Handbook on Critical Geographies of Migration
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Handbook on Critical Geographies of Migration

Edited by Katharyne Mitchell, Reece Jones and Jennifer L. Fluri

Border walls, shipwrecks in the Mediterranean, separated families at the border, island detention camps: migration is at the centre of contemporary political and academic debates. This ground-breaking Handbook offers an exciting and original analysis of critical research on themes such as these, drawing on cutting-edge theories from an interdisciplinary and international group of leading scholars. With a focus on spatial analysis and geographical context, this volume highlights a range of theoretical, methodological and regional approaches to migration research, while remaining attuned to the underlying politics that bring critical scholars together.
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Chapter 12: ‘Ceci n’est pas la migration’: countering the cunning cartopolitics of the Frontex migration map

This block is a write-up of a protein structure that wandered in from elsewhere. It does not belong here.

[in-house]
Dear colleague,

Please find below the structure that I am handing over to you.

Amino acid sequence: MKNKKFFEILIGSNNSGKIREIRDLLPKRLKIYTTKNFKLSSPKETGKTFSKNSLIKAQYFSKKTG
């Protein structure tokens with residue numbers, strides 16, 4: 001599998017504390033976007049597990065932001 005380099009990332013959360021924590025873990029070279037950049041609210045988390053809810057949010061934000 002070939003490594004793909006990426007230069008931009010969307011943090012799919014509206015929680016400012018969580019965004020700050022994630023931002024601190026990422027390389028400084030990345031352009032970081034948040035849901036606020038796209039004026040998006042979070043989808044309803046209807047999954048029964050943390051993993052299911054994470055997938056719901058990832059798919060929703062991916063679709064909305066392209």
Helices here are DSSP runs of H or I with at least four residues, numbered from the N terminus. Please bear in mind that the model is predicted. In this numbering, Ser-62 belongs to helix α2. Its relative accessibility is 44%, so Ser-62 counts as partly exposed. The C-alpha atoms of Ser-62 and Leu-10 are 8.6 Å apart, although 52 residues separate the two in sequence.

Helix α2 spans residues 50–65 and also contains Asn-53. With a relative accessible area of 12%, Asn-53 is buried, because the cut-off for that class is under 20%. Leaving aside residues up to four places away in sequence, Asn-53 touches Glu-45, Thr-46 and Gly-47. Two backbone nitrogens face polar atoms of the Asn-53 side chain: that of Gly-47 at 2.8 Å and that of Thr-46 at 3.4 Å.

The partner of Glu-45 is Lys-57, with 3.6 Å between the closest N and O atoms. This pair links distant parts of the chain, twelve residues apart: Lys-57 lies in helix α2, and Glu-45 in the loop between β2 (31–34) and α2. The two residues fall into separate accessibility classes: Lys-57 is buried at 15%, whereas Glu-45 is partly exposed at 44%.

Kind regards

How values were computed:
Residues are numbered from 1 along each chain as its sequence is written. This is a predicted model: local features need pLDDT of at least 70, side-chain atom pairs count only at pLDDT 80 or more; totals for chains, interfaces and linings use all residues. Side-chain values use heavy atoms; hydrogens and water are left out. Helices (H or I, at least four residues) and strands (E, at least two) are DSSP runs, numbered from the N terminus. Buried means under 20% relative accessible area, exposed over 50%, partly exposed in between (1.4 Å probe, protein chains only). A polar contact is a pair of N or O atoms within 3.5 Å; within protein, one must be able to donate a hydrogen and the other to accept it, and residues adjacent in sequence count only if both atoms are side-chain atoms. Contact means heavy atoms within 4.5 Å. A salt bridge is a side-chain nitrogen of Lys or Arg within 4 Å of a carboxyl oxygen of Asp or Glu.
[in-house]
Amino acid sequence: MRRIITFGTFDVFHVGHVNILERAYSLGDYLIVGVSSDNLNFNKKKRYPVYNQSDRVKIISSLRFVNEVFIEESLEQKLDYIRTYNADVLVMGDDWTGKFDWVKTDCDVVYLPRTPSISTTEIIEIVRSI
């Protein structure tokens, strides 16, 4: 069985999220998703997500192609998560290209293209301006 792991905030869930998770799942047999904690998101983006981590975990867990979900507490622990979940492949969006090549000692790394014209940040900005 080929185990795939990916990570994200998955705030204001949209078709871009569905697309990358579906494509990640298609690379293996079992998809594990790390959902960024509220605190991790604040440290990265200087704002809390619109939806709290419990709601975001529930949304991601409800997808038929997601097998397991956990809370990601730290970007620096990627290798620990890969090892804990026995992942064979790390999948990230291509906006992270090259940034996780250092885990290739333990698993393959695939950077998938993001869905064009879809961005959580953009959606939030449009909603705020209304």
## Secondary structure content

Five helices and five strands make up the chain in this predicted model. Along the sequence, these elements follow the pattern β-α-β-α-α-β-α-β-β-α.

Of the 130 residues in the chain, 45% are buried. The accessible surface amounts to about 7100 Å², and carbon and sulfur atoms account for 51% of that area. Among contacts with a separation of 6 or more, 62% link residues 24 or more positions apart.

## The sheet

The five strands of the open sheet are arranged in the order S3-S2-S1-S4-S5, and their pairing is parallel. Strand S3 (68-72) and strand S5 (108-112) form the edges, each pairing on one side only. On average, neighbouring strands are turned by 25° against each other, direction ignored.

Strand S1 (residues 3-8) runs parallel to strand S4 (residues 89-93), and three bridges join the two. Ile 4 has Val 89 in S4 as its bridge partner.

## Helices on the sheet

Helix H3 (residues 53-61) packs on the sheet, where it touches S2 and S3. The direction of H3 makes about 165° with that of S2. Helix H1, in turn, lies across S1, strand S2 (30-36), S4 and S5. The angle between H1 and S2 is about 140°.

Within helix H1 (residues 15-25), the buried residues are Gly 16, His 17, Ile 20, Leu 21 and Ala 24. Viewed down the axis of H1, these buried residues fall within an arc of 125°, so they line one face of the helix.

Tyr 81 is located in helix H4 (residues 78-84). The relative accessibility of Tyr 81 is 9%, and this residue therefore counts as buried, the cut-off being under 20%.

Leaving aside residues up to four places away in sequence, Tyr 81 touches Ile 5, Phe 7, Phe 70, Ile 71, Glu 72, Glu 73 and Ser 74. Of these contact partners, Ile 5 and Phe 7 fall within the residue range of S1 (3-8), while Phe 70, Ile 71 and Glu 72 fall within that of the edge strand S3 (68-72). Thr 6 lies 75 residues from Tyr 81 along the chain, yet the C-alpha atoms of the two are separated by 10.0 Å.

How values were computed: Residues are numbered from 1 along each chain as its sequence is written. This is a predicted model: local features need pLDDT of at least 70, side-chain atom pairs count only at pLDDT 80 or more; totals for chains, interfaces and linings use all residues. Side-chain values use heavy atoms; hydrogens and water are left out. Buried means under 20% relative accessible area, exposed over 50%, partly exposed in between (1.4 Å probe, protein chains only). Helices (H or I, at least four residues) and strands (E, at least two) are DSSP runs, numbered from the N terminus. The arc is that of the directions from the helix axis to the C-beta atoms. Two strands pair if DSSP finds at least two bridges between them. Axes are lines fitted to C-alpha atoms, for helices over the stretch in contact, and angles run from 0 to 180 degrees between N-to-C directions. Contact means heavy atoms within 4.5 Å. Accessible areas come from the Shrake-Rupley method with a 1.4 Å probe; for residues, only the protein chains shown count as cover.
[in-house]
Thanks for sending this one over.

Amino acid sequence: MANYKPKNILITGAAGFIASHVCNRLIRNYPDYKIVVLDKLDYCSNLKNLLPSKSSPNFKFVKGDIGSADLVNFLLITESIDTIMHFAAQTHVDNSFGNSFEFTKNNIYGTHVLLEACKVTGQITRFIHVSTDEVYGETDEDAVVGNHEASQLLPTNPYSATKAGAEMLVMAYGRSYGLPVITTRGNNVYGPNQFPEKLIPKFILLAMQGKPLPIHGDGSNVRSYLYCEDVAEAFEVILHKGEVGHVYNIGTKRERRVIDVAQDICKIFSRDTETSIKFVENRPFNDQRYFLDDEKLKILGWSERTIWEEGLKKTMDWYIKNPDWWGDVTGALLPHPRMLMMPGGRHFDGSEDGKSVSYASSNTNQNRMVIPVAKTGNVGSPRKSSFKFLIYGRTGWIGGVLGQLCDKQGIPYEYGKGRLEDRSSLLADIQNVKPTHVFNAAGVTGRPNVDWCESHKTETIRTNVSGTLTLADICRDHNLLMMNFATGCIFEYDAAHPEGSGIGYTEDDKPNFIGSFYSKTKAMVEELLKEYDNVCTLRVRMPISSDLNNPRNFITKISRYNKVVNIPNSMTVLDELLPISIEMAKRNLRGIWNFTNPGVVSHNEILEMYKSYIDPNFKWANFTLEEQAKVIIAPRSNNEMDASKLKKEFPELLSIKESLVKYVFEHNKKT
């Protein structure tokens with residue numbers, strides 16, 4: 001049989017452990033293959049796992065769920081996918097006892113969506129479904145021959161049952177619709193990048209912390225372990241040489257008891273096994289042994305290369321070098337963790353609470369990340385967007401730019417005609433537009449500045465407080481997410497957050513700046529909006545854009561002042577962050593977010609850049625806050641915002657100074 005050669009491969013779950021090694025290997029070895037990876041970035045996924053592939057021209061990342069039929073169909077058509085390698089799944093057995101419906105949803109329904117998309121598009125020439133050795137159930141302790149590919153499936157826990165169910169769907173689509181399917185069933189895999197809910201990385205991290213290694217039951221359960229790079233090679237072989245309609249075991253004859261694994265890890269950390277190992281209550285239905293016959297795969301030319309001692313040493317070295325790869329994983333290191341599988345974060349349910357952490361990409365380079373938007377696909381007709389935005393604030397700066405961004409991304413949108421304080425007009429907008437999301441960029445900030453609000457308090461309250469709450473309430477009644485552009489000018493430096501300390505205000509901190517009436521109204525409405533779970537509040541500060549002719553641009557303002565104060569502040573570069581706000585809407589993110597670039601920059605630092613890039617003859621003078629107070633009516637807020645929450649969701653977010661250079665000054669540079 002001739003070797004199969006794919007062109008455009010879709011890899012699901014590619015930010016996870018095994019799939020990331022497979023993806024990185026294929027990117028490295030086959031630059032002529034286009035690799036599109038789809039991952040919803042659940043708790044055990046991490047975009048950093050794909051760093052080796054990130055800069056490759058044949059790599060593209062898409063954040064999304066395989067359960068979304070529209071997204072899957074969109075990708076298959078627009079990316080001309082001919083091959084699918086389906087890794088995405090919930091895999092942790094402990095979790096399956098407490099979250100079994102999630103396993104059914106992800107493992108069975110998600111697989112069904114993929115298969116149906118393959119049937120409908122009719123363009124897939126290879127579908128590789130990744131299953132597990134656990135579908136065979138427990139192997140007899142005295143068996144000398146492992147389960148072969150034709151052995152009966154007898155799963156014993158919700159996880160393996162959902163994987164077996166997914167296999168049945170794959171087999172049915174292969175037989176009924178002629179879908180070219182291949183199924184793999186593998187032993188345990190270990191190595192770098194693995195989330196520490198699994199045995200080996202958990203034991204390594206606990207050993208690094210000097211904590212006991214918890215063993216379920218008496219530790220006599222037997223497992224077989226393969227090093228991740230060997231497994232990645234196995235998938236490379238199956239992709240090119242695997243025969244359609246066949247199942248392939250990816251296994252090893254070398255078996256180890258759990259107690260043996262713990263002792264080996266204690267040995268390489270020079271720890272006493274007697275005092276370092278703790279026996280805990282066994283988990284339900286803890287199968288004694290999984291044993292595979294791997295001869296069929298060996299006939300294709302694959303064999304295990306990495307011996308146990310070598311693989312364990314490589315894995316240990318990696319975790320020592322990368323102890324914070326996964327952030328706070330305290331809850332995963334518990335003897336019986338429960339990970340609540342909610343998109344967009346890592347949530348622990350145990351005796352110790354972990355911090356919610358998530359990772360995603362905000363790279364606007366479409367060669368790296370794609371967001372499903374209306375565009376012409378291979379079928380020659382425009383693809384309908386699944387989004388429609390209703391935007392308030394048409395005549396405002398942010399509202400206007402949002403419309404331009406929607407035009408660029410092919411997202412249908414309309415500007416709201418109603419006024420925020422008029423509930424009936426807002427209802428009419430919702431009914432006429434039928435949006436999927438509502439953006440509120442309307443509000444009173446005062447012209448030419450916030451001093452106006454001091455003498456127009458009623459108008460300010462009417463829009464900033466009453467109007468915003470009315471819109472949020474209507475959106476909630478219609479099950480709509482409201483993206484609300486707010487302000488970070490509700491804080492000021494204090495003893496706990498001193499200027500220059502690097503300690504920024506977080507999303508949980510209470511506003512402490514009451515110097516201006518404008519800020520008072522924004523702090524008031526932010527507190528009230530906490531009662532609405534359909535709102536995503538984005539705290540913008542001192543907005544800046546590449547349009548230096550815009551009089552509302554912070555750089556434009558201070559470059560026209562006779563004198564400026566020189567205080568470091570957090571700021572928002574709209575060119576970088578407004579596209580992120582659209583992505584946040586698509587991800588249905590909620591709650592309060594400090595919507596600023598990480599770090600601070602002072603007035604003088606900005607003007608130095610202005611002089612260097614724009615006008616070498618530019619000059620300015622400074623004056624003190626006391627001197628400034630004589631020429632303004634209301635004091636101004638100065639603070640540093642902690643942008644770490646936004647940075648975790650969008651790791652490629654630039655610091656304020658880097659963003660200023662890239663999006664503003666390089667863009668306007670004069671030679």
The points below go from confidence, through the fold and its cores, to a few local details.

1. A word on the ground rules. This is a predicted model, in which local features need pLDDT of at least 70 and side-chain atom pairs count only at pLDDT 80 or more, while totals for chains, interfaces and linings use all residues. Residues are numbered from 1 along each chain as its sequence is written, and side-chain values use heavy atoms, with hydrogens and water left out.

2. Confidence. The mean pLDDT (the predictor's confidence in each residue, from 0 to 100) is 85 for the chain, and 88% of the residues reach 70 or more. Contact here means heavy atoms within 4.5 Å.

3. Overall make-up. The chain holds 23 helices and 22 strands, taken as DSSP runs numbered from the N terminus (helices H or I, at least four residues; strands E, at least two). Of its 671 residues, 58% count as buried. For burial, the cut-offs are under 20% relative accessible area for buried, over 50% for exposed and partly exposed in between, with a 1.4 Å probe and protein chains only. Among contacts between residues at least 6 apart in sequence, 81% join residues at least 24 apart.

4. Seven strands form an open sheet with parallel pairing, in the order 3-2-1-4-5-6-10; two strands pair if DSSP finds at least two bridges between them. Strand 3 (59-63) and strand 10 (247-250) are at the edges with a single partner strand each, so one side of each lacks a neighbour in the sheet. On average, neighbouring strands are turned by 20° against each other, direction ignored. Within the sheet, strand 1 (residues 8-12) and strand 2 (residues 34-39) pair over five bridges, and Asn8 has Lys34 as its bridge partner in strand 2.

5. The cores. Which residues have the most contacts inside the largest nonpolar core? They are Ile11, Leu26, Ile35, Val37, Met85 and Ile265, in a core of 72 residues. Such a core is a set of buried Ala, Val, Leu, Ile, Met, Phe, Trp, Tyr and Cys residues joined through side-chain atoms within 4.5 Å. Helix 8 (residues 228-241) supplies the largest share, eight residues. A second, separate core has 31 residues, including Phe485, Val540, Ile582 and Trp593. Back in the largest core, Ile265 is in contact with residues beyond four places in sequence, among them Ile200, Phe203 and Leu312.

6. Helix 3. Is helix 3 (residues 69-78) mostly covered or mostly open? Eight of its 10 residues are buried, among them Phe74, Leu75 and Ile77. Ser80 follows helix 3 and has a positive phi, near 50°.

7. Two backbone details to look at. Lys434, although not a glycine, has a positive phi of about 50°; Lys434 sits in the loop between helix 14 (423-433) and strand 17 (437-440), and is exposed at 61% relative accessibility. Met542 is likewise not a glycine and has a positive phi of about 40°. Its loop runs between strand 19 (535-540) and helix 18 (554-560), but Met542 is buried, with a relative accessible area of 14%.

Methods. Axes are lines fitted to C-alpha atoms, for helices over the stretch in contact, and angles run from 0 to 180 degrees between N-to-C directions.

Henk van Houtum and Rodrigo Bueno Lacy

Abstract

The periodically updated Frontex map of undocumented migration (called ‘risk analysis’) to the European Union (EU) has become the predominant cartographic narrative in the debate on the EU border policy. In this chapter the authors conduct a critical iconological study of this Frontex migration map to deconstruct the implicit deadly restrictive border regime recommendations it suggests. Through a dissection of three concrete iconographic features (the grid, arrows and frame) they show that this map not only builds upon a phobic and nativist discourse but it also aggravates it. Its visual arrangement evokes an invasion of unwanted African and Muslim migrants that is calling for the border closure of the EU by any means necessary. The authors argue that the Frontex map aligns with a sinister narrative of migration that is rehabilitating the nationalist-populist ideology and anti-humanist policies that the EU’s postwar ethos aimed at preventing. They get no sense at all of undocumented migrants being among the most vulnerable and materially insecure people in the world. On the contrary, it is the EU who is portrayed as a victim. Therefore, although intended to help protect the EU, this surrealist migration map is actually stoking EUroskepticism and xenophobia, thereby undermining the EU’s own foundations. Surreal. 

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